‘This was, of course, in the days before the war, days of what would be later be legendary poverty, from which Rose would remember mostly low-down things—serious-looking anthills and wooden steps and a cloudy, interesting, problematic light on the world’.
Published as The Beggar Maid outside of Canada, and nominated for the Booker Prize in 1980, Who Do You Think You Are? also won the 1978 Governor General’s Award for English Fiction. Containing stories such as ‘Royal Beatings’ and ‘Simon’s Luck’, Who Do You Think You Are? engages with themes of shaming and questioning within the small town milieu that Munro made her own. As in Lives of Girls and Women, the stories in this collection are interlinked and can be read as a novel.
‘Life would be grand if it weren’t for the people’.
Offering tales of romantic love and self-discovery which utilise the moons of Jupiter as an allegorical framework, The Moons of Jupiter is one of Munro’s best loved collections. It is also a notable addition to the Munro oeuvre because of its non-linear structure, which she utilises to evoke the vagaries of time and memory. This manifests itself in an ‘in media res’ form in which chronological gaps embody the complexity of her characters’ lives and loves.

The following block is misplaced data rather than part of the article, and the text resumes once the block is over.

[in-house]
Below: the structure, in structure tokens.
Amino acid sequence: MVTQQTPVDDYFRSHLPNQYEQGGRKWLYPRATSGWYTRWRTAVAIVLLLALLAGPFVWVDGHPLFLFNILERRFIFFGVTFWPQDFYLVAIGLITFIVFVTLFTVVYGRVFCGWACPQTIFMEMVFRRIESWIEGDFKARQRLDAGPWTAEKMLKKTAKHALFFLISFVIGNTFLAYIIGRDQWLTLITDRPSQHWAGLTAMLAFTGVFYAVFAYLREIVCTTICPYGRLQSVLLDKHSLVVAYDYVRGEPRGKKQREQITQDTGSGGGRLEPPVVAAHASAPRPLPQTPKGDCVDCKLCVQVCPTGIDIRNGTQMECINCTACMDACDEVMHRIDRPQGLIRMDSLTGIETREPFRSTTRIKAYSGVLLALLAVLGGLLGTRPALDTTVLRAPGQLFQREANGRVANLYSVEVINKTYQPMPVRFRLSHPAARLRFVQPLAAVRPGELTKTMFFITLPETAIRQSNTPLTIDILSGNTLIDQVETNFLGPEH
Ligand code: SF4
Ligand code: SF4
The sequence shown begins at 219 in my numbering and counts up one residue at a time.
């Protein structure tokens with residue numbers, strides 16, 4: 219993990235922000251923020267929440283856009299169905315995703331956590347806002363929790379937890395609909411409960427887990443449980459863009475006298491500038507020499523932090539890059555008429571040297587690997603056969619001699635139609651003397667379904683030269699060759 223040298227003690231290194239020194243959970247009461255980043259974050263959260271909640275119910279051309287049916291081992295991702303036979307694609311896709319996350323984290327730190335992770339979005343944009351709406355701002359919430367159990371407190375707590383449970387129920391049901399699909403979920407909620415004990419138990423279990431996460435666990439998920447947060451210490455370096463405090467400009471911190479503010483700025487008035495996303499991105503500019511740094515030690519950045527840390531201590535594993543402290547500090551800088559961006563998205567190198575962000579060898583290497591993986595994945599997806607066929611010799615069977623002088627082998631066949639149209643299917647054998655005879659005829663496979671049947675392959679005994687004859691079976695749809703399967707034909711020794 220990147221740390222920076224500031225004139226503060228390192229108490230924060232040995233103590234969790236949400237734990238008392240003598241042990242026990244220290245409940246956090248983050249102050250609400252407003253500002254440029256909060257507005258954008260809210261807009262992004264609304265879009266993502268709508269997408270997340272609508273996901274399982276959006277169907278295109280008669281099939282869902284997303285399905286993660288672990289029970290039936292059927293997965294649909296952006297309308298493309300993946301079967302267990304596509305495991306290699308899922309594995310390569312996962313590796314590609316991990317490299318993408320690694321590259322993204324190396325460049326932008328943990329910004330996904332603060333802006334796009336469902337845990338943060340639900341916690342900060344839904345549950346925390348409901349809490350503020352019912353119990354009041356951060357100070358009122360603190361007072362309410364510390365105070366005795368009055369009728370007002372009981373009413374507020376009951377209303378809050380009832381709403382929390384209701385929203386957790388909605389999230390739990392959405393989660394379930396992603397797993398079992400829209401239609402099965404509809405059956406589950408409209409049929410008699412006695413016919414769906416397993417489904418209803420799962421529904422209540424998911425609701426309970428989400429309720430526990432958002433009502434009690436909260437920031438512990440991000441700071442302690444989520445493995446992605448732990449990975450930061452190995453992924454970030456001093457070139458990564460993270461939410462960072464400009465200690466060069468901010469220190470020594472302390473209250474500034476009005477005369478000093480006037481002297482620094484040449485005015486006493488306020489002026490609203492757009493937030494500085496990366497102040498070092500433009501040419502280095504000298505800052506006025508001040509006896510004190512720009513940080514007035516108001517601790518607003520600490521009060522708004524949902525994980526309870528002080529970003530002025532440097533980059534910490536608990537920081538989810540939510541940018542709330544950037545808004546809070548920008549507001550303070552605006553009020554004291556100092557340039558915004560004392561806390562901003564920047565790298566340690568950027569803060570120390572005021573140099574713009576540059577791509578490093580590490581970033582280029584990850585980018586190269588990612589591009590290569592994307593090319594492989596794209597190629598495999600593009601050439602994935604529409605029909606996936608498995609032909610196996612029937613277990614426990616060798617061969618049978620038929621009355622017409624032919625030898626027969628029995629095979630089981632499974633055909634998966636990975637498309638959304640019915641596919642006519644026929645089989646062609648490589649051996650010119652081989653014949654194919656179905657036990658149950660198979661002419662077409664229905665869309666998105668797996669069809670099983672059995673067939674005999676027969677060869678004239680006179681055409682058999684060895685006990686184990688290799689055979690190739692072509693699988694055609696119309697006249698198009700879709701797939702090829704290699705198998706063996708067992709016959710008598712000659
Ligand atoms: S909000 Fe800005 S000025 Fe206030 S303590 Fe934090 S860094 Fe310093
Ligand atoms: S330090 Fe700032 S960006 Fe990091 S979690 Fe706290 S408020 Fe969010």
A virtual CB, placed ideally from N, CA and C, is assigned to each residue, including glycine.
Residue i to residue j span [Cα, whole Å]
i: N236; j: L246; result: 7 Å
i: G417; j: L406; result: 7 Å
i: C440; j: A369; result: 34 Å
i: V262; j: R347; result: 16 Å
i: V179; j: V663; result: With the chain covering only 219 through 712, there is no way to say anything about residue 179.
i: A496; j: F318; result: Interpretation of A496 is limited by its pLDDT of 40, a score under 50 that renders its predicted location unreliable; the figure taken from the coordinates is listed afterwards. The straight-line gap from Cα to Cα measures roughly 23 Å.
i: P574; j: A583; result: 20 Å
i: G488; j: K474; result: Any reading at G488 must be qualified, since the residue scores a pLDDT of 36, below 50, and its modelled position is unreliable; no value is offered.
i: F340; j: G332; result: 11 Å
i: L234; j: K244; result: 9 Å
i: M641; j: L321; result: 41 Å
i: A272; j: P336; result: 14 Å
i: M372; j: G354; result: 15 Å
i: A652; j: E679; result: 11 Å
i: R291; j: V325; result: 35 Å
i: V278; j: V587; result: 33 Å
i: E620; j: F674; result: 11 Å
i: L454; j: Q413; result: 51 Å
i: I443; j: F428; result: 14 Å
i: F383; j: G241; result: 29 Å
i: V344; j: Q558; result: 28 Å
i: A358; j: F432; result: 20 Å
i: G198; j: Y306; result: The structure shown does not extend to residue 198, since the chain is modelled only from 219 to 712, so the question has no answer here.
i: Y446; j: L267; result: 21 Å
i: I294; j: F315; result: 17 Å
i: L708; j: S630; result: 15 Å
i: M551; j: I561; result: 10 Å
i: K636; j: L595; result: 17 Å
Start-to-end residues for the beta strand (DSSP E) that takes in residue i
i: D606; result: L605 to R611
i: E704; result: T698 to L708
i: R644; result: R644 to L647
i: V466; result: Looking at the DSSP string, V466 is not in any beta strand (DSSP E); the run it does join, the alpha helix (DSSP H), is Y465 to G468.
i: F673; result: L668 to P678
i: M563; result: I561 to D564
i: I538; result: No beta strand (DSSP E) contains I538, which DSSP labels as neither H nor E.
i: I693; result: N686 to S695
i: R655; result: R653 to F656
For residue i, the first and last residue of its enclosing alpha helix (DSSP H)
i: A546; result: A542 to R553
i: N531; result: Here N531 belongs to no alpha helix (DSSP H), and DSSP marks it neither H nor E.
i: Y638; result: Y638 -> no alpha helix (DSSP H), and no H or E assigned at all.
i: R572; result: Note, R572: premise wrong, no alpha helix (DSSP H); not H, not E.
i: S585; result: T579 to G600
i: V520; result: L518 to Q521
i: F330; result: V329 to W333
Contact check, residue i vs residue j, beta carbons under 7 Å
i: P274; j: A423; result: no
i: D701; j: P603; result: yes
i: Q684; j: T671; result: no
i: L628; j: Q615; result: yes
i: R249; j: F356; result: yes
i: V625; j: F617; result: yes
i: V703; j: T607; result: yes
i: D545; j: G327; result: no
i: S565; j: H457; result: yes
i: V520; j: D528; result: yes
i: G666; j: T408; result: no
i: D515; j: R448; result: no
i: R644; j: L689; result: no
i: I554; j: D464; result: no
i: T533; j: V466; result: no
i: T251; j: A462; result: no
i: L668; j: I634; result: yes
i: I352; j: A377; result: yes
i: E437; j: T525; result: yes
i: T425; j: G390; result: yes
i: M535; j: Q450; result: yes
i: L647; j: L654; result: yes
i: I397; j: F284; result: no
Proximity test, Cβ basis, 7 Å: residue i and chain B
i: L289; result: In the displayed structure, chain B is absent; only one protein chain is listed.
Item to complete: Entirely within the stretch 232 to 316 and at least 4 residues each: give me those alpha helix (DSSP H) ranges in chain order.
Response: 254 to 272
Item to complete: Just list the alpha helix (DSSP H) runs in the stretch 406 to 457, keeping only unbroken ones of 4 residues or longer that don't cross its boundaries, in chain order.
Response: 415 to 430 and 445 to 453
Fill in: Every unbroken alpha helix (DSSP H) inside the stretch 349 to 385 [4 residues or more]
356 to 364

‘This is the way you look at the poorest details of the world resurfaced, after you’ve been driving for a long time — you feel their singleness and precise location and the forlorn coincidence of you being there to see them’.
Munro’s third collection to win the Governor General’s Award for English Fiction, The Progress of Love continues her excavation of small town life and love. In it stories such as ‘The Moon in the Orange Street Skating Rink’ and ‘Eskimo’ document the betrayals and minor tragedies which punctuate everyone’s lives with Munro’s typically understated, minimal style.
‘I used to dream about my mother, and though the details in the dream varied, the surprise in it was always the same’.